Aggregate Productivity Growth: Lessons from Microeconomic Evidence
In this paper, we exploit establishment-level data to examine the relationship between microeconomic productivity dynamics and aggregate productivity growth. After synthesizing the evidence from recent studies, we conduct our own analysis using establishment-level data for U.S. manufacturing establishments as well for selected service industries. The use of longitudinal micro data on service sector establishments is one of the novel features of our analysis. Our main findings are summarized as follows: (i) the contribution of reallocation of outputs and inputs from less productive to more productive establishments plays a significant role in accounting for aggregate productivity growth; (ii) for the selected service industries considered, the contribution of net entry (more productive entering establishments displacing less productive exiting establishments) is dominant; (iii) the contribution of net entry to aggregate productivity growth is disproportionate and is increasing in the horizon over which the changes are measured since longer horizon yields greater differentials from selection and learning effects; (iv) the contribution of reallocation to aggregate productivity growth varies over time (e.g. is cyclically sensitive) and industries and is somewhat sensitive to subtle differences in measurement and decomposition methodologies.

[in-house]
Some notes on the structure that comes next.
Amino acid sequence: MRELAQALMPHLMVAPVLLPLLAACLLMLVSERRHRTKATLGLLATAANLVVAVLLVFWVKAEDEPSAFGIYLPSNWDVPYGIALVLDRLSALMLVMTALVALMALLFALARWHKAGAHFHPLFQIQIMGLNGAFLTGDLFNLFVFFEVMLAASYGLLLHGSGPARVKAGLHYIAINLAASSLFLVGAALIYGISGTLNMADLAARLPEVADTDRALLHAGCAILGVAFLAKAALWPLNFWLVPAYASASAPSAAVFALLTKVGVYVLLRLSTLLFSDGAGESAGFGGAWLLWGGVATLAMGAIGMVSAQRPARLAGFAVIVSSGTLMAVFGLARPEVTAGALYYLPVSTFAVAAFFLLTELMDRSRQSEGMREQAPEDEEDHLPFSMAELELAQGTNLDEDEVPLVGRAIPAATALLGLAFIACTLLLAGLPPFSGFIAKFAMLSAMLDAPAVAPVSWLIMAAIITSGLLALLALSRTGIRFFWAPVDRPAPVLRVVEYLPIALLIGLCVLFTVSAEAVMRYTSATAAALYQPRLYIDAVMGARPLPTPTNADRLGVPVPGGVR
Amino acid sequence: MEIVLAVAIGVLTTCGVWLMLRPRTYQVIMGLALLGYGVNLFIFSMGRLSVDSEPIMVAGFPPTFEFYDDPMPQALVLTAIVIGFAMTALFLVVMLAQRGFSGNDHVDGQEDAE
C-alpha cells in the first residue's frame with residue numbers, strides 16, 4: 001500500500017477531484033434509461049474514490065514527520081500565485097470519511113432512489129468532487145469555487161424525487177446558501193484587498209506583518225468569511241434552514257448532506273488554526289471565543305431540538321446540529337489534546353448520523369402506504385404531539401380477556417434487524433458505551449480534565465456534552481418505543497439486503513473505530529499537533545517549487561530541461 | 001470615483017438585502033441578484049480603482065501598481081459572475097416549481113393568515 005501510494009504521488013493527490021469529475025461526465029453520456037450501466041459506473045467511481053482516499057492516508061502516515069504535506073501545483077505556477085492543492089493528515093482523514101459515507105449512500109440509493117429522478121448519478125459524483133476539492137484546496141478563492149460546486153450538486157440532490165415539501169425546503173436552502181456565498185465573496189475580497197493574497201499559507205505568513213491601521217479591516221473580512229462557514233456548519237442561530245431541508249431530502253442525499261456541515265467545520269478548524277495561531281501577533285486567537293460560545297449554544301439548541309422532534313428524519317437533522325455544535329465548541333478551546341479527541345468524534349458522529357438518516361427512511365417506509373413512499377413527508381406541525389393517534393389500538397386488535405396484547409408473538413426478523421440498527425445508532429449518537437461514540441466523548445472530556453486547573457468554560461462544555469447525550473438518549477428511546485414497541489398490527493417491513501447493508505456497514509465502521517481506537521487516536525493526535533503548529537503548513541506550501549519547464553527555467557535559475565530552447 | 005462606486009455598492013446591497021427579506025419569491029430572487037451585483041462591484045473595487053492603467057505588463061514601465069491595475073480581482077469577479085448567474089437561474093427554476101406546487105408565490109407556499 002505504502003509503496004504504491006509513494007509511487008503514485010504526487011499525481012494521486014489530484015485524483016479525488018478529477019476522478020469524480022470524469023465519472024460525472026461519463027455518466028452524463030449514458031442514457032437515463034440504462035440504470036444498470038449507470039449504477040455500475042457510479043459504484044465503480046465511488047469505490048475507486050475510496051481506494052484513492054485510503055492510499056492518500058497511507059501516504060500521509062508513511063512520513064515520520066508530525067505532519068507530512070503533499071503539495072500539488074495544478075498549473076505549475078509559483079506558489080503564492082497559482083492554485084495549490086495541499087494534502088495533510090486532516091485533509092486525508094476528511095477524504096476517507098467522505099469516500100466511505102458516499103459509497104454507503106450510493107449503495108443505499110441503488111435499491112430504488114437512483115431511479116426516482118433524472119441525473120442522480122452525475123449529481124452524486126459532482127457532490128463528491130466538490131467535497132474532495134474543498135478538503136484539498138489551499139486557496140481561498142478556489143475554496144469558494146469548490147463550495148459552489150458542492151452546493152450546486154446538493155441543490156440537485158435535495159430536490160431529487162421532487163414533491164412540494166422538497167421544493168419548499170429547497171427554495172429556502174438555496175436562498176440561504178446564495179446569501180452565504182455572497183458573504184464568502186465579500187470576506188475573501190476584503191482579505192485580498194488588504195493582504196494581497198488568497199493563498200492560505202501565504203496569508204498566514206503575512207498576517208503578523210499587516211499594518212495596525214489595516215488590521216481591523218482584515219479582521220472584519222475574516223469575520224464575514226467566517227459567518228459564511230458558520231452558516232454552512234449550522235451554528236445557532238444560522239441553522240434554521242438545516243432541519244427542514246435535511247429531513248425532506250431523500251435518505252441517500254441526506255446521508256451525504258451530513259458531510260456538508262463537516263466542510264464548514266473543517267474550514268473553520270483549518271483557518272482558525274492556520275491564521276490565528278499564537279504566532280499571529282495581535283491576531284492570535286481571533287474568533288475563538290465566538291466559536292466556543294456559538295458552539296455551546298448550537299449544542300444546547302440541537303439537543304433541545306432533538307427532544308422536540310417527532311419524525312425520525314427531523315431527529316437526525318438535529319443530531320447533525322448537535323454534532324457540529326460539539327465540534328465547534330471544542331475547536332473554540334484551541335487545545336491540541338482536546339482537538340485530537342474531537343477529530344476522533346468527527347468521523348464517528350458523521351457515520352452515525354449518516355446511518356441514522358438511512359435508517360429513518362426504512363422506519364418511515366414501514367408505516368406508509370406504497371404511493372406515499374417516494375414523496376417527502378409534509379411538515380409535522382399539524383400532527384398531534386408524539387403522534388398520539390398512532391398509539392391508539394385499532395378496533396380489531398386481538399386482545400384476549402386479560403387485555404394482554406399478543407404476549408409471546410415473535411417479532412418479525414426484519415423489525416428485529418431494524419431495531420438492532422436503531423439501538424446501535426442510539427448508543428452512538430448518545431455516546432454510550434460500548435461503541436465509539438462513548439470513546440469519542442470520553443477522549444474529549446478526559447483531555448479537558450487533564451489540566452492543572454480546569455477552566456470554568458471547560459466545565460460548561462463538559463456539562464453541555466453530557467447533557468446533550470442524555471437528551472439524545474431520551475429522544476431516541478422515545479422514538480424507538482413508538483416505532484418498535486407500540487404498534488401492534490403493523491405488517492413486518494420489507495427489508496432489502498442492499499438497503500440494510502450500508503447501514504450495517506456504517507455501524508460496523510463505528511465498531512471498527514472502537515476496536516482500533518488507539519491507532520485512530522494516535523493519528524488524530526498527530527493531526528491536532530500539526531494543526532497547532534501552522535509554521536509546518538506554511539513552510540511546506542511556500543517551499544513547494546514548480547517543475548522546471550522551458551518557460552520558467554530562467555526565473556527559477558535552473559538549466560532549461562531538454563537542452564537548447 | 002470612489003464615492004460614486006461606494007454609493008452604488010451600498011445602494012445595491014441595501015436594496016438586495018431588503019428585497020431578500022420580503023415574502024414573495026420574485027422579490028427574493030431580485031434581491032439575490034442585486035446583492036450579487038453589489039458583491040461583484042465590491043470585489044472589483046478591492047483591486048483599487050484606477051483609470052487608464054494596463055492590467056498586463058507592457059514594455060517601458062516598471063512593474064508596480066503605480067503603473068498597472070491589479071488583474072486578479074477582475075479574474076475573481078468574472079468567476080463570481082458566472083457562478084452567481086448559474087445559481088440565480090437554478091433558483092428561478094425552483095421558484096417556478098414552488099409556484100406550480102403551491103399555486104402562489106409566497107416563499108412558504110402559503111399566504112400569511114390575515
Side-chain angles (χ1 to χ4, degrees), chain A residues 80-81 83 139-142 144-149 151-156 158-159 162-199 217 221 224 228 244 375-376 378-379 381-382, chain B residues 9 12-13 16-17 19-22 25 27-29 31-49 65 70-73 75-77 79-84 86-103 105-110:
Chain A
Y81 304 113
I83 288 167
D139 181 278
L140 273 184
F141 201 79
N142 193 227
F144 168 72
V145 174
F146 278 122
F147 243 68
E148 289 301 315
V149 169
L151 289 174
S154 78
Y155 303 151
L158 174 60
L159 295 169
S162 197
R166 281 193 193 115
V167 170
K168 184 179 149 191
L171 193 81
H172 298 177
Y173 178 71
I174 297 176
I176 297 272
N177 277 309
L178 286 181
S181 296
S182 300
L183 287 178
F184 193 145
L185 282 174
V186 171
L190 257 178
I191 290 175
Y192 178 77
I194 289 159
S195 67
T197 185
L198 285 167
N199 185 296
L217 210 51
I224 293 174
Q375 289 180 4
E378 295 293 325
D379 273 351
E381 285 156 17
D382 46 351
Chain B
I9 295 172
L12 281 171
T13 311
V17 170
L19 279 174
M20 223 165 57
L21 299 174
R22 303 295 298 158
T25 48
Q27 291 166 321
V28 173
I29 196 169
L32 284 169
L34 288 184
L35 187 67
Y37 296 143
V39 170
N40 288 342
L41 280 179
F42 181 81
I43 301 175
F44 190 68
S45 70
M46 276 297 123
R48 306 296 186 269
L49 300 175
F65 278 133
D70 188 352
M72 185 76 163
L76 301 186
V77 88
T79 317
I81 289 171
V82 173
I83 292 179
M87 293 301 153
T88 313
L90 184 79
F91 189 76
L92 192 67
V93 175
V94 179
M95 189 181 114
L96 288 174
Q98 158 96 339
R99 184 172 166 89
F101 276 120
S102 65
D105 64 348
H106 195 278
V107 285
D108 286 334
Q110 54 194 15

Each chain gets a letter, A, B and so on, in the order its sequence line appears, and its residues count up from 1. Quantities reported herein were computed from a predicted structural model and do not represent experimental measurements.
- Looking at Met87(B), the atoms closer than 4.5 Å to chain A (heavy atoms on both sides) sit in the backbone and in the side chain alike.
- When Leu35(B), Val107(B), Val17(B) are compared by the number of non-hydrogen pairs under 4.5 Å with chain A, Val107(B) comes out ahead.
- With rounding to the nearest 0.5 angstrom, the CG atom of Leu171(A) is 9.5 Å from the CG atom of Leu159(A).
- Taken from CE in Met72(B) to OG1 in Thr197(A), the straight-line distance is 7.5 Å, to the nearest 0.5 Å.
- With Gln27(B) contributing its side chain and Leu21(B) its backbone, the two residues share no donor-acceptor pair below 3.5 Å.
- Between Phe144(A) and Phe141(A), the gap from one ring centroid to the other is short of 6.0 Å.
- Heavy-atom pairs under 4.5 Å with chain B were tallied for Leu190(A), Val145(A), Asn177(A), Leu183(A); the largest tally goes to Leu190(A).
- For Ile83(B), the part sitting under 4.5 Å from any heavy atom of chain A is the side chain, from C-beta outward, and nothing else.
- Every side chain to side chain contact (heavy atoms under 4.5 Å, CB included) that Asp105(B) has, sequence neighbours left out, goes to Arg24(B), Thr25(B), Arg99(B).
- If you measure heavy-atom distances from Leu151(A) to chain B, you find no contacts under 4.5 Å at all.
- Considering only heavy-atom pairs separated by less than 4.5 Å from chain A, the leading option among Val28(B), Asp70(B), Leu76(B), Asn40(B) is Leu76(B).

as Haltiwanger, John C. "Measuring and Analyzing Aggregate Fluctuations: The Importance of Building from Microeconomic Evidence," The Federal Reserve Bank of St. Louis Review, Vol. 79, no. 3 (May/June 1997): 55-77
Aggregate Productivity Growth: Lessons from Microeconomic Evidence, Lucia Foster, John C. Haltiwanger, C. J. Krizan. in New Developments in Productivity Analysis, Hulten, Dean, and Harper. 2001